Productively inefficient

I hate efficiency.

As Kevin Kelly rightfully noticed, “Efficiency is for robots.”

Yes, having deadlines is important. (Otherwise, nothing gets done.) But you can’t put art on an assembly line.

I notice this every time I get sick. Suddenly, I am away from the “grind” for a few days.

I don’t answer emails (or look at them!). I forget about work. And for reasons I couldn’t understand before, I usually became super creative during those sick days.

But now I see what was going on. To do anything creative, you need lots of boredom, or “white spaces” on your calendar. You need mental space.

How can one be creative in a world that pushes you to deliver results, focus on the outcome, always be somewhere, meet someone, sign this, do that, negotiate?

There’s only one way: learn to be productively inefficient.

The best way is to live on two schedules, as Paul Graham would say. The “maker’s schedule” – when you are uninterrupted for long stretches of time to do your work. And the “managerial schedule” – where you are constantly interrupted. Do the former in the morning (or at night) and live two lives, like Neo in the Matrix.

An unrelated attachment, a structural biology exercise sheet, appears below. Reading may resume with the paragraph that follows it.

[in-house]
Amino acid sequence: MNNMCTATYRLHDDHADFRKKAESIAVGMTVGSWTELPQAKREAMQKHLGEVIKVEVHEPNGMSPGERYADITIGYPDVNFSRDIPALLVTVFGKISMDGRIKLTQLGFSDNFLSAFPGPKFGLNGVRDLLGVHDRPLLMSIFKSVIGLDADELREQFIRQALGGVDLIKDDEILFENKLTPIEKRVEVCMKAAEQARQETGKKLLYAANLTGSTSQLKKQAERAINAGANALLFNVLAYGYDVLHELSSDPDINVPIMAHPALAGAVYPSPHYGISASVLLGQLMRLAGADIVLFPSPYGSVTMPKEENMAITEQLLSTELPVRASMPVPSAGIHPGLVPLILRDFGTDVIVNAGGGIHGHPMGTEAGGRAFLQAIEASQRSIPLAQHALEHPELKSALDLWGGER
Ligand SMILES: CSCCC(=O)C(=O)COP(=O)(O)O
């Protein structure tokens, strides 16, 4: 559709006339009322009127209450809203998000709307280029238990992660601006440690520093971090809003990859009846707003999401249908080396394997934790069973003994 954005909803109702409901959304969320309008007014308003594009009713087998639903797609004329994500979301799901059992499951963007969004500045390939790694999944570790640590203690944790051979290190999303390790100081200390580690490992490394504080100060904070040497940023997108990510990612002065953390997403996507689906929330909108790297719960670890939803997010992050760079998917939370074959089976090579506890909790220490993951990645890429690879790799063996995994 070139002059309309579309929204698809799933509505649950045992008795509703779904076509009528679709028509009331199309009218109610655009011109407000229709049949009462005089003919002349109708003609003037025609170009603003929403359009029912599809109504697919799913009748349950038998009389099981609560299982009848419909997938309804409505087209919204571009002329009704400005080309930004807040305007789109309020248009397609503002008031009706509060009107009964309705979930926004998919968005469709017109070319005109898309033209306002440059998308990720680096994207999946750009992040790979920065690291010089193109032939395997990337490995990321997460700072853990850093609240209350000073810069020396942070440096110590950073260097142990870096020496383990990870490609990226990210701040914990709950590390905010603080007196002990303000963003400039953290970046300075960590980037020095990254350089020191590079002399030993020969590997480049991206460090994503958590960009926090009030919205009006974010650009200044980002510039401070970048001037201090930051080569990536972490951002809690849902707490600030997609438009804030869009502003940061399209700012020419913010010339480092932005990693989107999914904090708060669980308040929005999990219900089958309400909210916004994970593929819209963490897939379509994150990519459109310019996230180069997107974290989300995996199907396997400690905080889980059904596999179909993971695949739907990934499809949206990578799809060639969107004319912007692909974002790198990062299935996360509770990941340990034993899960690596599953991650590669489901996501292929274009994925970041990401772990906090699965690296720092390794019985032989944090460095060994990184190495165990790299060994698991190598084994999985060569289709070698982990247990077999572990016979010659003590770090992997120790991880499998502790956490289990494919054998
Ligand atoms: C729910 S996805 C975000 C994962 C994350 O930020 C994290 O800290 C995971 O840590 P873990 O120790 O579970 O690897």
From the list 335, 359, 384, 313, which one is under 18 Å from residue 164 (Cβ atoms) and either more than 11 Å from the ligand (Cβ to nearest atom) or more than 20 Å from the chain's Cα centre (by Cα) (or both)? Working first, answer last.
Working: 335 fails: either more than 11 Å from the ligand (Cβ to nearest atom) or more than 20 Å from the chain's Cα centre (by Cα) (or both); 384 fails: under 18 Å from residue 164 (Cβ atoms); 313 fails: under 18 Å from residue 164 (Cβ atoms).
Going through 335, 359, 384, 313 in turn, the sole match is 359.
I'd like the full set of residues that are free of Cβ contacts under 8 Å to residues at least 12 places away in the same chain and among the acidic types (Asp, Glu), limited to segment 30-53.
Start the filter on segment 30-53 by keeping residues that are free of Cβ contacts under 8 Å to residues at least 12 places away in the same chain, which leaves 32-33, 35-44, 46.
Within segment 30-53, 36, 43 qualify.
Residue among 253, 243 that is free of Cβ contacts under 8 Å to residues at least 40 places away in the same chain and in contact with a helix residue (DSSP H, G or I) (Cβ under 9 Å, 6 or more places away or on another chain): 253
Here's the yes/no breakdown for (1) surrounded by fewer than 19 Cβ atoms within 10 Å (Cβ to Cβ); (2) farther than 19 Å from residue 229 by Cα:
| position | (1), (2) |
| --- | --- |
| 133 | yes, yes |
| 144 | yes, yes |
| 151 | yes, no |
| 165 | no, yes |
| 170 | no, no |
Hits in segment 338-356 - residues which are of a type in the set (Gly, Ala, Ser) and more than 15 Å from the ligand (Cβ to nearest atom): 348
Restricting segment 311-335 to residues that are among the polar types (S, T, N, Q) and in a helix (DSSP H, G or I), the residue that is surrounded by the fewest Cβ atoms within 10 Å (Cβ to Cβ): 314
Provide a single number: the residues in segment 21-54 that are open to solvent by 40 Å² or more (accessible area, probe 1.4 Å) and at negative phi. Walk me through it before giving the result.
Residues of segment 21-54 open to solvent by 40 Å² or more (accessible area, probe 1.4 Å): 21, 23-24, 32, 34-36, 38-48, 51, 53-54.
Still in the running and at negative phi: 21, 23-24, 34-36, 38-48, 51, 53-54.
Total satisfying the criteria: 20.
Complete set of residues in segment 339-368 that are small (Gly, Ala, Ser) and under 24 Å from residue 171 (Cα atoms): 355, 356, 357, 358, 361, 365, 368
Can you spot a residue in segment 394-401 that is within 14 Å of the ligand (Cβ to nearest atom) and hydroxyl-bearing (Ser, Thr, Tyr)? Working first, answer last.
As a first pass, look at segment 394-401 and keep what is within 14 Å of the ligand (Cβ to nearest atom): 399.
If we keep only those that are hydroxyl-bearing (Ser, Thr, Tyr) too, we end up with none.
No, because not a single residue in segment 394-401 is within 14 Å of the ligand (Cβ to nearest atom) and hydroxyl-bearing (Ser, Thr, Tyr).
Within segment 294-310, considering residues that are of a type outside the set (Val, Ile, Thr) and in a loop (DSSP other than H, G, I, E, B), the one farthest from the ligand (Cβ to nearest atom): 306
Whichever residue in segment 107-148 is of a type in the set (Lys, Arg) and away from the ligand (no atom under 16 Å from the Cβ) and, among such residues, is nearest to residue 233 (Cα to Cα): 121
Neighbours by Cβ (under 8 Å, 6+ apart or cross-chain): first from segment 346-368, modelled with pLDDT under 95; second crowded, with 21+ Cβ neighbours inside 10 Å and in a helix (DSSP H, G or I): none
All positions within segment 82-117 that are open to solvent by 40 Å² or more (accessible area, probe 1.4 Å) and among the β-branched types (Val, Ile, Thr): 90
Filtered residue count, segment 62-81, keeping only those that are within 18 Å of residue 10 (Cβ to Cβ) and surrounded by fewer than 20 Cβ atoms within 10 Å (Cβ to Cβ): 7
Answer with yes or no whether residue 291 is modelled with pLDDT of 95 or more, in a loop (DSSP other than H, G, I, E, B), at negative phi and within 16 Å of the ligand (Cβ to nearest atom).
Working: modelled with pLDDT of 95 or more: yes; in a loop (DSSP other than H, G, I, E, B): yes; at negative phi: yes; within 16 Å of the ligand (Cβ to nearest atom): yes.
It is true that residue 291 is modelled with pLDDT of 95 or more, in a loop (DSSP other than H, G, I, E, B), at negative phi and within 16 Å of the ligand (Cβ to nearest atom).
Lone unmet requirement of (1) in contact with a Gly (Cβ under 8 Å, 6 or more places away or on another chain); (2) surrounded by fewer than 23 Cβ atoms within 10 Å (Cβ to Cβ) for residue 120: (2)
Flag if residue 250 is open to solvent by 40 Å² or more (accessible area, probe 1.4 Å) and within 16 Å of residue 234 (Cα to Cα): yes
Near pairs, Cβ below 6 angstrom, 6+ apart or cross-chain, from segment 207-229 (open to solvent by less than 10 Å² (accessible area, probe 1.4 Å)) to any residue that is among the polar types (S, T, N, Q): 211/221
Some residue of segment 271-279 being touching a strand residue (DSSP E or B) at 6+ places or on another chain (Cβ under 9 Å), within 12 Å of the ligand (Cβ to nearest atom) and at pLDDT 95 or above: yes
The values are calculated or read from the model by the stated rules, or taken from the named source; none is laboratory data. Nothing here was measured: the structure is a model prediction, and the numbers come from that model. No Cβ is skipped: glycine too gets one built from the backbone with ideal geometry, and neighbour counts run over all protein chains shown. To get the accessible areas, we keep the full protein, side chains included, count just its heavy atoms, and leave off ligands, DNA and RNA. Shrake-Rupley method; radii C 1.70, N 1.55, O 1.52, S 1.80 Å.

But tactics are irrelevant.

What’s important is the emotional component.

In particular, learning to let go of the guilt you’ll have every time you take a walk in the park in the middle of the workday. It’s important to rewrite the story in your head that says, “You always have to be efficient.”

You don’t. But you can be creative.

Plus, isn’t that what humans want? They say that laziness drives progress – precisely because it helps human beings to be creative and come up with tools to get everything done, with less time, money, or energy.

So don’t halt the progress.